I’ve developed my own coping strategies over the years and while they work to a certain extent, I’m keen to get my misophonia cured for good – preferably as quickly as possible. But speaking to Dr Hashir Aazh, an audiologist and specialist in tinnitus and misophonia rehabilitation, makes me realise it’s not that easy. "There is no definitive cure for misophonia," he tells me via Zoom. "The reaction to a triggering sound has an emotional component, in which an individual can get angry or disgusted, and a bodily sensation, which could present as a heart rate increase or feeling of tension. That initial reaction is extremely hard to dampen because it happens so quickly."
Dr Aazh’s approach is to offer therapy to break misophonia’s usual emotional pattern. "The initial reaction often starts a vicious cycle, which snowballs," he explains, "and then the snowball becomes a feedback loop. So the actual reaction increases as well, because a feedback loop of stress is created. The idea of the therapy is to break that cycle of distress created around the initial reaction. So the initial reaction happens but it will be much easier to recover from. Long term, it is possible that the initial reaction also reduces."
As a misophonia sufferer, it seems therapy to manage that feedback loop might be one answer. But what about partners of those with misophonia? How can they support their partners and themselves in the pressurised scenarios that misophonia sometimes sets off? "They need to understand that this is a real condition and do whatever they can to minimise the triggers that they are creating," says Dr Aazh. "They should encourage their partner to seek professional help to manage it, too. And don’t forget it’s hard for you as well. You may need professional help, too, because sometimes your life can be significantly limited – especially if your partner’s triggers are eating, sleeping or even breathing noises. Openness can only be a good thing but it won’t solve the problem. Therapy is really important to learn how to manage misophonia, for both partners." Dr Aazh also tells me he has never come across a client whose trigger is a sex noise. One less thing to worry about, I suppose.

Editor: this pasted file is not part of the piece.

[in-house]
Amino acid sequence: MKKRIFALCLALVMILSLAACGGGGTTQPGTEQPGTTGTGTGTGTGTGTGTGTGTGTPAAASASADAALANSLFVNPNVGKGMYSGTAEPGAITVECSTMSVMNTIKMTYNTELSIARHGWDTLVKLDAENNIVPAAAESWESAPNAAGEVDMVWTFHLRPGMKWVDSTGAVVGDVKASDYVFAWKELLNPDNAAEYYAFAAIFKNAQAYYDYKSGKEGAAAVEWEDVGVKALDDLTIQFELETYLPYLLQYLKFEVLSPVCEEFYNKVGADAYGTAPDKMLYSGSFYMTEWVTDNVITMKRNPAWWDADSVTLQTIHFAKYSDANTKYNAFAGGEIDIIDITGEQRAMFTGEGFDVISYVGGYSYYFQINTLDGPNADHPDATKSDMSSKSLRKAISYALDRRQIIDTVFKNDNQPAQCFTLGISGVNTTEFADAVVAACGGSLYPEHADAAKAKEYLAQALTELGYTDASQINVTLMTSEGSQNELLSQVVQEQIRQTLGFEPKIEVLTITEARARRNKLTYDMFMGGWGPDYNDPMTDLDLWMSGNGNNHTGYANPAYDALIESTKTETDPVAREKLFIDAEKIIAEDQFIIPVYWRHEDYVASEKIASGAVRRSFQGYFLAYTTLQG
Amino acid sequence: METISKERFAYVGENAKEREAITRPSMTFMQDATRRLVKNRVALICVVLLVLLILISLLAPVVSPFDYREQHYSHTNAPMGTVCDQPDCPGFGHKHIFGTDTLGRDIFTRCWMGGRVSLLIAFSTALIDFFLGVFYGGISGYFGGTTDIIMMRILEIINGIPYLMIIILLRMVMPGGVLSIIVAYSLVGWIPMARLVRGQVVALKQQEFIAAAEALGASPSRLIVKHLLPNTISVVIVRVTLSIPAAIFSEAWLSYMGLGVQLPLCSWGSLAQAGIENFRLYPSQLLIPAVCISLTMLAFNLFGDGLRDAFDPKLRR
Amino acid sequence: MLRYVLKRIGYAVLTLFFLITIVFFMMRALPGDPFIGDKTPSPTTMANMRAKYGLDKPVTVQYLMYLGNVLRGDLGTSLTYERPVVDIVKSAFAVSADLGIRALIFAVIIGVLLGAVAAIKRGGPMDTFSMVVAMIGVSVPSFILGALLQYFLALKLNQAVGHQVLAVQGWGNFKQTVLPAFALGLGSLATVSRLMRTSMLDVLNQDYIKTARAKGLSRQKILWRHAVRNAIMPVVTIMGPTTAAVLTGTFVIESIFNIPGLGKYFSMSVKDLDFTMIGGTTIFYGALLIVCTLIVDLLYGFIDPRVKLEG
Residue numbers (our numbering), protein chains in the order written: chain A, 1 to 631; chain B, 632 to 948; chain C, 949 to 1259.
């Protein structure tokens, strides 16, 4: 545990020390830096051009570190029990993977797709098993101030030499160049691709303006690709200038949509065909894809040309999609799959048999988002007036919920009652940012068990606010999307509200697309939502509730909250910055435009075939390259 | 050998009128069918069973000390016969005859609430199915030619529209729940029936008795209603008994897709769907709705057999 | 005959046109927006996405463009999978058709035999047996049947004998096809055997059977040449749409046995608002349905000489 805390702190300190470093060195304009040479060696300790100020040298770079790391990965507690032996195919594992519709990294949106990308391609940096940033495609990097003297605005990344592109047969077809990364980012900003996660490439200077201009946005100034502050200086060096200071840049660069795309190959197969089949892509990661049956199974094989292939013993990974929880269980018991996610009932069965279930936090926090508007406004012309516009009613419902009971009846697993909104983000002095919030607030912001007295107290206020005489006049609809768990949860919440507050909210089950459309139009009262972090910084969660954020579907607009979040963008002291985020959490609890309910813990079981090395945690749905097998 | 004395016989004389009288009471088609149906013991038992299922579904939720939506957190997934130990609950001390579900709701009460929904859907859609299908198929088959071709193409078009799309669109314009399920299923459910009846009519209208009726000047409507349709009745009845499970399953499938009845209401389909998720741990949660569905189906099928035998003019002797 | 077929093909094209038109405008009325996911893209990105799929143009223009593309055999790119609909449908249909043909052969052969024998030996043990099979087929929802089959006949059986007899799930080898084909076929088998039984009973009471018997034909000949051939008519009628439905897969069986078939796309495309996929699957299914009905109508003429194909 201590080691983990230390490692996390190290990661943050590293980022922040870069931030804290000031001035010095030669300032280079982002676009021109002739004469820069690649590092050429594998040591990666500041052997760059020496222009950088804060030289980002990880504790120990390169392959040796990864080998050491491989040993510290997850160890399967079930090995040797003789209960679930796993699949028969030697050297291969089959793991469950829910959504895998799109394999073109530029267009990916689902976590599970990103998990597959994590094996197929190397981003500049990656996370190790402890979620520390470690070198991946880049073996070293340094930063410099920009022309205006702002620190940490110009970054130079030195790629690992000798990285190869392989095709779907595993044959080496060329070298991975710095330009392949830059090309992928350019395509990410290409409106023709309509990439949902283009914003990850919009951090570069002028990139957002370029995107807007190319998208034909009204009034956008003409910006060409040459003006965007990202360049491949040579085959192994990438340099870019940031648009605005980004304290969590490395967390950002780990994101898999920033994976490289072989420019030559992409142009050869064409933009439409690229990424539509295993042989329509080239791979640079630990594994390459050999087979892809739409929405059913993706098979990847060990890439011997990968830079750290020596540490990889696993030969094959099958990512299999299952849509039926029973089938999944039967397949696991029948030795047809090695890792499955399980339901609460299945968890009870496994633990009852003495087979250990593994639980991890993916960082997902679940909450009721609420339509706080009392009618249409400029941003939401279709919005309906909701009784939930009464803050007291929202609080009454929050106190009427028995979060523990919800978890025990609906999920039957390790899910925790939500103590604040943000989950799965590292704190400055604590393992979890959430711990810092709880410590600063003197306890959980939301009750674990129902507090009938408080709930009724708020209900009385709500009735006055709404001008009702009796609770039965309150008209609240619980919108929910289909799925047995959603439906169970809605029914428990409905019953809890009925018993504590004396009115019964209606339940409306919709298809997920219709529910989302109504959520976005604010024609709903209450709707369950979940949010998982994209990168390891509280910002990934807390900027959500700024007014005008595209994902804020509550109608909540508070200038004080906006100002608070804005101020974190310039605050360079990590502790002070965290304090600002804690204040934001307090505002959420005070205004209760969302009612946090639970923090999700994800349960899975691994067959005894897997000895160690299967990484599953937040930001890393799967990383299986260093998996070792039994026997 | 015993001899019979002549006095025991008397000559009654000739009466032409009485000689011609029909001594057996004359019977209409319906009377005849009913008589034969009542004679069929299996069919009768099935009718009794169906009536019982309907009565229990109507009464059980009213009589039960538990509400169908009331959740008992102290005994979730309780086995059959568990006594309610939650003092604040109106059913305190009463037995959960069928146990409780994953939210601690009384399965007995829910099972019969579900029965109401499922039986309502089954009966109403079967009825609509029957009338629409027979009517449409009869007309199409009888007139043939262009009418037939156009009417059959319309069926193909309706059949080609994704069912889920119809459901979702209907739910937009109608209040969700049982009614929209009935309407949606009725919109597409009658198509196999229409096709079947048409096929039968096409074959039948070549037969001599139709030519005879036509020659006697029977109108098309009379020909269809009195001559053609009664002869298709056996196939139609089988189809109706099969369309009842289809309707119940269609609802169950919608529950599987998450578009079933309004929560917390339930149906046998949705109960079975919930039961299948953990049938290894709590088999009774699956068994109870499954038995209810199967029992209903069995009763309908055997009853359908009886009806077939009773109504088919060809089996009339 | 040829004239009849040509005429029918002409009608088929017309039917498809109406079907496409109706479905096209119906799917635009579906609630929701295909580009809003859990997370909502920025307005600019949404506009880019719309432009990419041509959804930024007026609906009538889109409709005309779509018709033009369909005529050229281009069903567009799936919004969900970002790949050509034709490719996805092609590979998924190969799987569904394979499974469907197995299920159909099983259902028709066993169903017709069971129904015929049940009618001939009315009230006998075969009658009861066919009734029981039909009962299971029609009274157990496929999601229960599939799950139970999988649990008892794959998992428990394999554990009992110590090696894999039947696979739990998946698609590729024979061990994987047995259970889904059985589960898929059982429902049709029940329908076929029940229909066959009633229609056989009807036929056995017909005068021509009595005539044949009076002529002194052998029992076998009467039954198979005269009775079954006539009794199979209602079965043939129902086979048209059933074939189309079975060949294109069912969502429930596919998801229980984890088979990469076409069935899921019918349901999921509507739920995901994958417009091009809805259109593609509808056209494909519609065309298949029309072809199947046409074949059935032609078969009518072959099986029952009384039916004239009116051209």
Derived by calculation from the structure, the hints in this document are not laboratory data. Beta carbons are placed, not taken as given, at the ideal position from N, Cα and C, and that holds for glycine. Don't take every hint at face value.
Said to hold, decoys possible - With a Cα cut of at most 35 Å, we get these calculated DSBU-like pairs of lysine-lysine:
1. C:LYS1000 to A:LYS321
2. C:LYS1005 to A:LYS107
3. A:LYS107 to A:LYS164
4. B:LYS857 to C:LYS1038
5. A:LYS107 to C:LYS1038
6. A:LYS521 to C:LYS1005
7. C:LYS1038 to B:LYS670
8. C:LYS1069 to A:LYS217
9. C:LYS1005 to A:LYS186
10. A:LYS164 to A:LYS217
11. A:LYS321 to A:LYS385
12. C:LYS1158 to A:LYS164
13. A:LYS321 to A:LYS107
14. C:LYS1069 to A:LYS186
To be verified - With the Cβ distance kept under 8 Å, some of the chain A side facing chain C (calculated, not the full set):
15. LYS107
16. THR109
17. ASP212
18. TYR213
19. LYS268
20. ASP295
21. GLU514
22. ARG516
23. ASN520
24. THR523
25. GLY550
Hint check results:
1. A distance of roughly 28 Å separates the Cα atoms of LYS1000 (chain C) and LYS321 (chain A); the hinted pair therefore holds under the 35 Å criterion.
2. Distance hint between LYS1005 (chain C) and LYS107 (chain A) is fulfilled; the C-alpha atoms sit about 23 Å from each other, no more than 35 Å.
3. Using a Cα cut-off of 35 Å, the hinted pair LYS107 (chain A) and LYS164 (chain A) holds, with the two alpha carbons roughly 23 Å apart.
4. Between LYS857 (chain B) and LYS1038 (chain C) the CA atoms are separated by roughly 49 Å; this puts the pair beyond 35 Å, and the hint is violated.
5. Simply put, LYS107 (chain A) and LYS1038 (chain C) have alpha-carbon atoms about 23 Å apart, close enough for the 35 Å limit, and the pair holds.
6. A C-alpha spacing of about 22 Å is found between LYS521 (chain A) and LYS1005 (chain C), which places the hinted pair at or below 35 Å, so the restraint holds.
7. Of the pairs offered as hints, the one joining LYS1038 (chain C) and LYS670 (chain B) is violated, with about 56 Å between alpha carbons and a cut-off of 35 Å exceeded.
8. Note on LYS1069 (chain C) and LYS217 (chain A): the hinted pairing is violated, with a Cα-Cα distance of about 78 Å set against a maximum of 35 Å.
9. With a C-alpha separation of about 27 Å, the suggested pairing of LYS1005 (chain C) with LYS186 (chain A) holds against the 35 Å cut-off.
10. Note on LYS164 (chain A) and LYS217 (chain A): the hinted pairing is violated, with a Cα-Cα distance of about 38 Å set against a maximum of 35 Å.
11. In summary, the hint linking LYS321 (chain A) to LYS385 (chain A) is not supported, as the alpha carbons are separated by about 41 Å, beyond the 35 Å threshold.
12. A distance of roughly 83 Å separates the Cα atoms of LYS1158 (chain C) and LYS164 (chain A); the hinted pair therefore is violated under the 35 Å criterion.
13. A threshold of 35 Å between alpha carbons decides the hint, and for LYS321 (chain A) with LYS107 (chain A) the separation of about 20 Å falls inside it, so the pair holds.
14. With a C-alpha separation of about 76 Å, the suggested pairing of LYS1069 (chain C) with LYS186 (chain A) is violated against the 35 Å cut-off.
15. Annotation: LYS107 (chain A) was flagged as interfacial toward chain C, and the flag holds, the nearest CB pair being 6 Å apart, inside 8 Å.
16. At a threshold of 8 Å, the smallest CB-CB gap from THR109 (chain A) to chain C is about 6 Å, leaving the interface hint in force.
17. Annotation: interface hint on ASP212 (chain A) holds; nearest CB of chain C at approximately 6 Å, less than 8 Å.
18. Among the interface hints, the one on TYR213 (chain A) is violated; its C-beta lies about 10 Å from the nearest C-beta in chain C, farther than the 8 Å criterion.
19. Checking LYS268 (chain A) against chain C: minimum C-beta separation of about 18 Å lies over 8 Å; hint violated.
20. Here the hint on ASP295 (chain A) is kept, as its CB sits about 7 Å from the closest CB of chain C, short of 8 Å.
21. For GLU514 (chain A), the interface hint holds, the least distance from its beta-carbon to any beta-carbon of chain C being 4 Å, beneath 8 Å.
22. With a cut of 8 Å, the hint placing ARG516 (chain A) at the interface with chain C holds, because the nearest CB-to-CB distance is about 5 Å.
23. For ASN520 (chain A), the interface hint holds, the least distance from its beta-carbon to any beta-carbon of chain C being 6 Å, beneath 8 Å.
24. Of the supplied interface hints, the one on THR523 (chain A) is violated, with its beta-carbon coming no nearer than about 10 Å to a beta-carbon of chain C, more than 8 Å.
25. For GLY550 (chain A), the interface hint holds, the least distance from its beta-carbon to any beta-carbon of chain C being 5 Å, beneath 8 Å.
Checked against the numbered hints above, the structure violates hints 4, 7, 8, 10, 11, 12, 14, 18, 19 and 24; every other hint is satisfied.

Every misophonia sufferer I spoke to wanted non-sufferers to understand that misophonia is an often misunderstood and extremely unpleasant condition. We aren’t just being ‘difficult’. I’m usually a confident, excitable person but my misophonia transforms me into someone I don’t recognise within seconds. This can be very jarring, not just for me but for my boyfriend, too. Managing this condition in a relationship undeniably makes things harder for everyone involved but with communication, coping techniques and the relatively new opportunity to access specialist help, I feel better equipped than ever.